Have you ever excitedly called for someone to come and see something you found interesting or important? You were asking for attention in hopes that someone would respond, respect your request and give some feedback. Watching these “bids for attention” between couples, researchers noted that those that were successful and happy in their long term relationships responded to bids 87% of the time. Those in uncomfortable, unhappy, or failing relationships responded 33% of the time. And while this may seem self-explanatory, they observed further that

 “there’s a habit of mind that the masters have, which is this; they are scanning the social environment for things they can appreciate and say thank you for. They are building this culture of respect and appreciation very purposefully.”

 It turns out, there are two ways to view this trait of kindness. Is it a genetic aspect of personality that some are born with and others aren’t? This may be part of the answer. It could also be that the practice of kindness is like a muscle which “can be exercised and developed”.  What happens when we don’t feel like responding to other people’s bids for attention? This is where generosity comes in – being generous enables us to be kind and to respect other’s requests, to give our time and attention.

We often think of benefits of kindness as belonging only to the receiver, but science comes in again and shows there are many benefits for the giver of kindness as well. The research is there! These benefits include increase in positive mood, more relationship satisfaction, reduced social avoidance behaviors, improved physical health, and reduced stress. In addition to performing acts of kindness, research shows that witnessing acts of kindness done by others, and remembering past acts of kindness also affect us positively. A great place to read about this research and to find stories of kindness is the Random Acts of Kindness website. You can even join them and become a RAKtivist (Random Act of Kindness activist).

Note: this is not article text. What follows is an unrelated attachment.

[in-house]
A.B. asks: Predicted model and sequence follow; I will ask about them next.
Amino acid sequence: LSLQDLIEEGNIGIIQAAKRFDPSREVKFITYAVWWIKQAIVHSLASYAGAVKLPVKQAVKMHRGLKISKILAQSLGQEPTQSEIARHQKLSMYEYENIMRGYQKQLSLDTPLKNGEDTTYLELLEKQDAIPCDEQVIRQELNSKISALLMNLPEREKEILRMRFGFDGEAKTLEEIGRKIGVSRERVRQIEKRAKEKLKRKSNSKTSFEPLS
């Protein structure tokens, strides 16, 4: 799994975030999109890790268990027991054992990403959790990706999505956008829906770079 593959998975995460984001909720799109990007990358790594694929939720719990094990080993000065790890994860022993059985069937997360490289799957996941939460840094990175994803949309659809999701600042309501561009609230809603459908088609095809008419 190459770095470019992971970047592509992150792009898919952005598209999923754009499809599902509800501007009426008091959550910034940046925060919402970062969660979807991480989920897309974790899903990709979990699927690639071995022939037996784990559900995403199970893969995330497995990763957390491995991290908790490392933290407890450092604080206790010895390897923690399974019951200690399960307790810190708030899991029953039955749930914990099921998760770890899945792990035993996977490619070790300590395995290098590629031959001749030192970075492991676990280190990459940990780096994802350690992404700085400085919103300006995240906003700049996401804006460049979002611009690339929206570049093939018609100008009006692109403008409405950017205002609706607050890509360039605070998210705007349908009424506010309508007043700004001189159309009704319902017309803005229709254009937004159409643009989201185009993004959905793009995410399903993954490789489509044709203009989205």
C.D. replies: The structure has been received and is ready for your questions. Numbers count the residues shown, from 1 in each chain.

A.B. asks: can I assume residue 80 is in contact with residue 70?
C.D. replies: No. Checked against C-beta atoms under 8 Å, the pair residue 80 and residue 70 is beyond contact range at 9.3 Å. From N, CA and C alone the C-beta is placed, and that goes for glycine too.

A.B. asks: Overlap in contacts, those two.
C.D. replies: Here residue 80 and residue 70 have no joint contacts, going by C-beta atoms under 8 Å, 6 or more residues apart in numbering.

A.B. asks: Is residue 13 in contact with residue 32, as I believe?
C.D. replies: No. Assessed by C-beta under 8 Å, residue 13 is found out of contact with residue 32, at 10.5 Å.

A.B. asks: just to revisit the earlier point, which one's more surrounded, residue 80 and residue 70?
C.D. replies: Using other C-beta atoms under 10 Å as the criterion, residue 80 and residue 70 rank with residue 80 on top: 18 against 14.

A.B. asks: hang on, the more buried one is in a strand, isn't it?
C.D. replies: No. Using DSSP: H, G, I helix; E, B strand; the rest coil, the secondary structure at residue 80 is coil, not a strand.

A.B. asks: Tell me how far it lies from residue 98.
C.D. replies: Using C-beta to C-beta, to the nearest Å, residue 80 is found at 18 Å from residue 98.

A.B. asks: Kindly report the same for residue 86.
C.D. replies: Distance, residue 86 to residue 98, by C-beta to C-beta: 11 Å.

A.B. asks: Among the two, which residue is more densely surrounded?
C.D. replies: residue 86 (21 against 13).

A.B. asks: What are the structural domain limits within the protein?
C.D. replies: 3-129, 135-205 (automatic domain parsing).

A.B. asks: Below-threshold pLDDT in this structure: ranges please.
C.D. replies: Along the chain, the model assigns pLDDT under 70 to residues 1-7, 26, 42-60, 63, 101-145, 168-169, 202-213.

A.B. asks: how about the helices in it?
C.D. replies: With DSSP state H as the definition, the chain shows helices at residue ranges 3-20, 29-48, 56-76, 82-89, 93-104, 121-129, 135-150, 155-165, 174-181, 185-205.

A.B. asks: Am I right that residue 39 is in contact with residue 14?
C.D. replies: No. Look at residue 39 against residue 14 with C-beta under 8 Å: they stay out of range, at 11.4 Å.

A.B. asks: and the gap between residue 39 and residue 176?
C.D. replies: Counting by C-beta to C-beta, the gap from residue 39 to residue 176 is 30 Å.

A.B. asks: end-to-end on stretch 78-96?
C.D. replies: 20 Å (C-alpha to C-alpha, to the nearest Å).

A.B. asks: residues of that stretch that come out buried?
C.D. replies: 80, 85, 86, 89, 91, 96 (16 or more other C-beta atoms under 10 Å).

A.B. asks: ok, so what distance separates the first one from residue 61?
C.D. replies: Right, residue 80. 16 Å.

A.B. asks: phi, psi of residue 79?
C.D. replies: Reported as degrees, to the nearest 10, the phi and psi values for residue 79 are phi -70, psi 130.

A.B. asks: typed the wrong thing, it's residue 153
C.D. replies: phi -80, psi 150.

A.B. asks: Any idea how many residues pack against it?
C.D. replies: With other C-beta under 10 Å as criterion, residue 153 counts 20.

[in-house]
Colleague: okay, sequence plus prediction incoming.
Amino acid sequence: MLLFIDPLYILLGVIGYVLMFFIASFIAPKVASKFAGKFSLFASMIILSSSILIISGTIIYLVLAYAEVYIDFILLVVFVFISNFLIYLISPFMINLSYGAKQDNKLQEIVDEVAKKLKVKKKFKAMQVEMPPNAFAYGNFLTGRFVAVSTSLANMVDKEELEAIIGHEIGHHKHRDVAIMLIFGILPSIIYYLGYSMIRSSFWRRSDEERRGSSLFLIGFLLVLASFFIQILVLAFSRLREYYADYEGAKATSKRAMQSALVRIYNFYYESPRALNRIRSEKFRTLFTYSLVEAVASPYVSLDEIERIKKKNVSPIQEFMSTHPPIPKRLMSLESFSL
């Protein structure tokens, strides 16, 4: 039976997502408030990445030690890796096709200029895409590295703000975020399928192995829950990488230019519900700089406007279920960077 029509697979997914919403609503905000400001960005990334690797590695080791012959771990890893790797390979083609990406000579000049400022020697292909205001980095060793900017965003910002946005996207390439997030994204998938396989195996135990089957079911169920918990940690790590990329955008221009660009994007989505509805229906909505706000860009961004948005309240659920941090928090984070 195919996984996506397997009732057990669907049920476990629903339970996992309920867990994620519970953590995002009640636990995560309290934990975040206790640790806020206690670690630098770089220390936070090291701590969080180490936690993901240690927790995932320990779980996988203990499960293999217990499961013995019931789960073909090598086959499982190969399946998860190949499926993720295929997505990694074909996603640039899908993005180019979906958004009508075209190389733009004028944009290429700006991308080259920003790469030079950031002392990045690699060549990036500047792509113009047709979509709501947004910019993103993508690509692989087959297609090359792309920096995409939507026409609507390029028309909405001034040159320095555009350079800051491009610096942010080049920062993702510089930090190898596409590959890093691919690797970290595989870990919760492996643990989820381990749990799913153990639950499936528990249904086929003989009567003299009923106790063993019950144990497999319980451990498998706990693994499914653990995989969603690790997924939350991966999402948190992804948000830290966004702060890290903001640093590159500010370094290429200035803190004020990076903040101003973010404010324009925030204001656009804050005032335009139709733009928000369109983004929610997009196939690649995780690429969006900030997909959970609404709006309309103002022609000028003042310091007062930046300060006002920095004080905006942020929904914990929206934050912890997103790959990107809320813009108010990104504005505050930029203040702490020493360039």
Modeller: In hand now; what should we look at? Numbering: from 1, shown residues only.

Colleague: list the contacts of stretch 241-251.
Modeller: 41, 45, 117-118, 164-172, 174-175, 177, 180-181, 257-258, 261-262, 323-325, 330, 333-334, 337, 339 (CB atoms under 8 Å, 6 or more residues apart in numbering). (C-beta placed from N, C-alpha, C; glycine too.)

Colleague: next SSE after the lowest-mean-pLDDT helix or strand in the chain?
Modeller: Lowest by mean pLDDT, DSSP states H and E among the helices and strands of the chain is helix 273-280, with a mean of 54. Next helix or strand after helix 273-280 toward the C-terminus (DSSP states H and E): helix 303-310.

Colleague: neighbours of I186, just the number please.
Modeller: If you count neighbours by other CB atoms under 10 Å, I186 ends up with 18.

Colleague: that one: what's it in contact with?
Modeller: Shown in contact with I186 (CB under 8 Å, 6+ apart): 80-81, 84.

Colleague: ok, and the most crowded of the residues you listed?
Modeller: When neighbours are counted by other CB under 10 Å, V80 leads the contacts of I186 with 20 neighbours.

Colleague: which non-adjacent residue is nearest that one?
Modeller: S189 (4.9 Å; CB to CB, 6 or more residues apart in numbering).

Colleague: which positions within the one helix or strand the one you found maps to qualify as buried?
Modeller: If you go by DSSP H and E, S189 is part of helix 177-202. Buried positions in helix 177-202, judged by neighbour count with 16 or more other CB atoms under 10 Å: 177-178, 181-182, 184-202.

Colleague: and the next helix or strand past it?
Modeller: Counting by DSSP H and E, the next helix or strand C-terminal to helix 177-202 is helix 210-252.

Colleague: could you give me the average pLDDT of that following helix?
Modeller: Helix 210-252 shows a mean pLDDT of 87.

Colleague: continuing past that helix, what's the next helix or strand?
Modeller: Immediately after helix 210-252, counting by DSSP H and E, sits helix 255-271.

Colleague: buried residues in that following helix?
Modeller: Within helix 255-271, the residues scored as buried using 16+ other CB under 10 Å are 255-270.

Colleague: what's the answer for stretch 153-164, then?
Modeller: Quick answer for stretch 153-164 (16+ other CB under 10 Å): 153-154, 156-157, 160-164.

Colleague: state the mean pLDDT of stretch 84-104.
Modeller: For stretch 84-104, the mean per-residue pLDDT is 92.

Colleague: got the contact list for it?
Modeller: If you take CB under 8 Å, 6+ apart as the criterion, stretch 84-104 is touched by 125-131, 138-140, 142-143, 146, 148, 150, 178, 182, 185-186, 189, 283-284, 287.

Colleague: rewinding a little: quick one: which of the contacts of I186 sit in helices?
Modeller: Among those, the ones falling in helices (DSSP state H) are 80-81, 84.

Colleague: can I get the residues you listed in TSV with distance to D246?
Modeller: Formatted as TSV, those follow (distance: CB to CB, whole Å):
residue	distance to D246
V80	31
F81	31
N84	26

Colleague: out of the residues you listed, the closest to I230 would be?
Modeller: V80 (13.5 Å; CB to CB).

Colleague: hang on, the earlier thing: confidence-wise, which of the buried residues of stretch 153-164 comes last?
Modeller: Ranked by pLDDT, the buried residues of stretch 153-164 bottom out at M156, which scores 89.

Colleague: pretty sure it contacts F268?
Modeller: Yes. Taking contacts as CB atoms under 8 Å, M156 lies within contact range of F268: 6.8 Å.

Apple Awards is a business that exists to encourage the expression of appreciation and kindness and we have been busy thinking of ways of doing that, and people who deserve to be recognized. The next time an attack of gratitude hits you, we’d like to hear how we could help you express it. Let us partner with you in the culture of appreciation.

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Autumn Is Apple Time

Autumn Is Apple Time

It’s autumn. It’s the season for one of our favorite fall foods and if you’re thinking pumpkin latte, give it another thought. It’s the apple. As you might guess, here at Apple Awards we are fans of the apple in all its various forms and this is the time of year when apples provide not only enjoyable eating experiences but also enjoyable family outings. It might be time for your family to take a trip to an Apple Festival, or maybe even to an orchard to do a little picking.

Because the tree requires a cool, dormant period, apples are naturally a more northern fruit, but since they grow well in zones 3-8, they grow within traveling distance of most of our country. There are also many varieties of apples that ripen at different times so from early September until late October harvests will be occurring and Apple Festivals, parades and cooking contests abound. Many venues have apples to pick, activities for children and adults, food to sample, and interesting crafts and vendors. And absolutely nothing beats the flavor and fun of biting into that apple that you’ve just pulled off the tree yourself.